Alfred Nobel's library
In one of his many memorable sayings, Alfred Nobel remarked that "A single person without books and ink is already in this life a dead man." He was single - and often lonely - during most of his adult life. Books therefore meant a great deal to him, and his private library helps to shed light on his personality and on what influenced him intellectually.
Nobel's book collection contains over 1,950 volumes under about 1,200 titles. It was a relatively large private library by the standards of the time. Literature and studies in the humanities account for 59% of the titles, technology and natural sciences for 26%, and geography and travel for 8%, while the remaining 7% consist of books on peace, economics and patents. By dividing the publications up by languages, we can form an impression of Nobel's cosmopolitan orientation: 37% are in French (he lived in Paris for a long time), 28% in German, 18% in English, 12% in Swedish and 5% in other languages, including Russian, Norwegian and Danish.
One person who allowed herself to be impressed by the book collection was the Austrian author Bertha von Kinsky (later better known as Bertha von Suttner). In her memoirs she writes that when she first visited Alfred Nobel at home, in Paris in 1875, she was greatly impressed by his "well-stocked library, which seemed capable of meeting any reading wishes". Bertha in due course gave him several of her own publications, including a first edition of the famous anti-war novel Die Waffen nieder!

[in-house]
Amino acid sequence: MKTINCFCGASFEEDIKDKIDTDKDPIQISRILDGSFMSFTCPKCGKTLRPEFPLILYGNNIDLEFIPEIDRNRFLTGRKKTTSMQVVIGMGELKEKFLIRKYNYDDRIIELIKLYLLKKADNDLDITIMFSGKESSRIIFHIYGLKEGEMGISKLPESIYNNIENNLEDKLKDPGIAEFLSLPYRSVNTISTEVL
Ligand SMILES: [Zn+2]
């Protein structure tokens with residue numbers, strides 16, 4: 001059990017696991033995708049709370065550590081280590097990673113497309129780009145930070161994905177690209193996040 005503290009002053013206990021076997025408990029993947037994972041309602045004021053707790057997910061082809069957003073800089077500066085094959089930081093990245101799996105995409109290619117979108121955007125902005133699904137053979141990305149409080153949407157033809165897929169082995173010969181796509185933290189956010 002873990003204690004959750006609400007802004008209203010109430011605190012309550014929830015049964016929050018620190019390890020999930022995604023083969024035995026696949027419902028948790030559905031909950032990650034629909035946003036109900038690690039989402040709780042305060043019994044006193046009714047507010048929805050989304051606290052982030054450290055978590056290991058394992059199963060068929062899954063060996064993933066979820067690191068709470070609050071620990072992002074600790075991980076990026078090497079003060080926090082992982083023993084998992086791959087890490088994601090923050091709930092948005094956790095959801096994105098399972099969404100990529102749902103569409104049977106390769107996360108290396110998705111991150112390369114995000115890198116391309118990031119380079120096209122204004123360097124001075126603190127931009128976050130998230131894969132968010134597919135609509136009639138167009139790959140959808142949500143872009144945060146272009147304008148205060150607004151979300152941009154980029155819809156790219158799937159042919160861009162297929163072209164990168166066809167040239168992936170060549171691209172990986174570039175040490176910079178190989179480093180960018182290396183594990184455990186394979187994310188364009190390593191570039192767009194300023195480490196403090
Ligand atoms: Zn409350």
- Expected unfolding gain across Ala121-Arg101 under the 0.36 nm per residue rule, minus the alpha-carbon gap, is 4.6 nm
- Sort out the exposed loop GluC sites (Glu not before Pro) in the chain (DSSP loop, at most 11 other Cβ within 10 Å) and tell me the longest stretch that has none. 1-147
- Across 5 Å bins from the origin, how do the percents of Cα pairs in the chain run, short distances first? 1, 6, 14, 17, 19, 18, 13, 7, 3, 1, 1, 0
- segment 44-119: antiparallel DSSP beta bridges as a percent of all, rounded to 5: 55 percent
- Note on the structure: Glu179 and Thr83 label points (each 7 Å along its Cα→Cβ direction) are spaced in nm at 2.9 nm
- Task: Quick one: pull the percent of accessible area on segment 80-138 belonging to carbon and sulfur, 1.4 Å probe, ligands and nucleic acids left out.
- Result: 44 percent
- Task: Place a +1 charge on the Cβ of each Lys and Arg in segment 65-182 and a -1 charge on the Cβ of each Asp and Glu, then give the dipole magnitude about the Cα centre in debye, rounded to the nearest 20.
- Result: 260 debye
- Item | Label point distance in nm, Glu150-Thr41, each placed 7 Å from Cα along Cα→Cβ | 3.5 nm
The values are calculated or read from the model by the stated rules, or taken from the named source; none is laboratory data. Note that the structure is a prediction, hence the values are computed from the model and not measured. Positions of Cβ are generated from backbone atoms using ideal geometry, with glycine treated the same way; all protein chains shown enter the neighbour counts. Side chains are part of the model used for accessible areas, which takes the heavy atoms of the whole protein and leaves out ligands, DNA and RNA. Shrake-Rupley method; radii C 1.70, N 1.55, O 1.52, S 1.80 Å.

The book collection shows that Nobel must have taken the keenest interest in western civilisation's great writers and thinkers. Among the philosophers we can find everyone from Plato to Auguste Comte. To judge by the number of titles, he seems to have taken a special interest in Leibniz, Kant, Kierkegaard, Mill, Schopenhauer and Spencer.
© Photo: The Nobel Foundation
For further information, see Åke Erlandsson, Alfred Nobels bibliotek. En bibliografi (Stockholm 2002: Atlantis).
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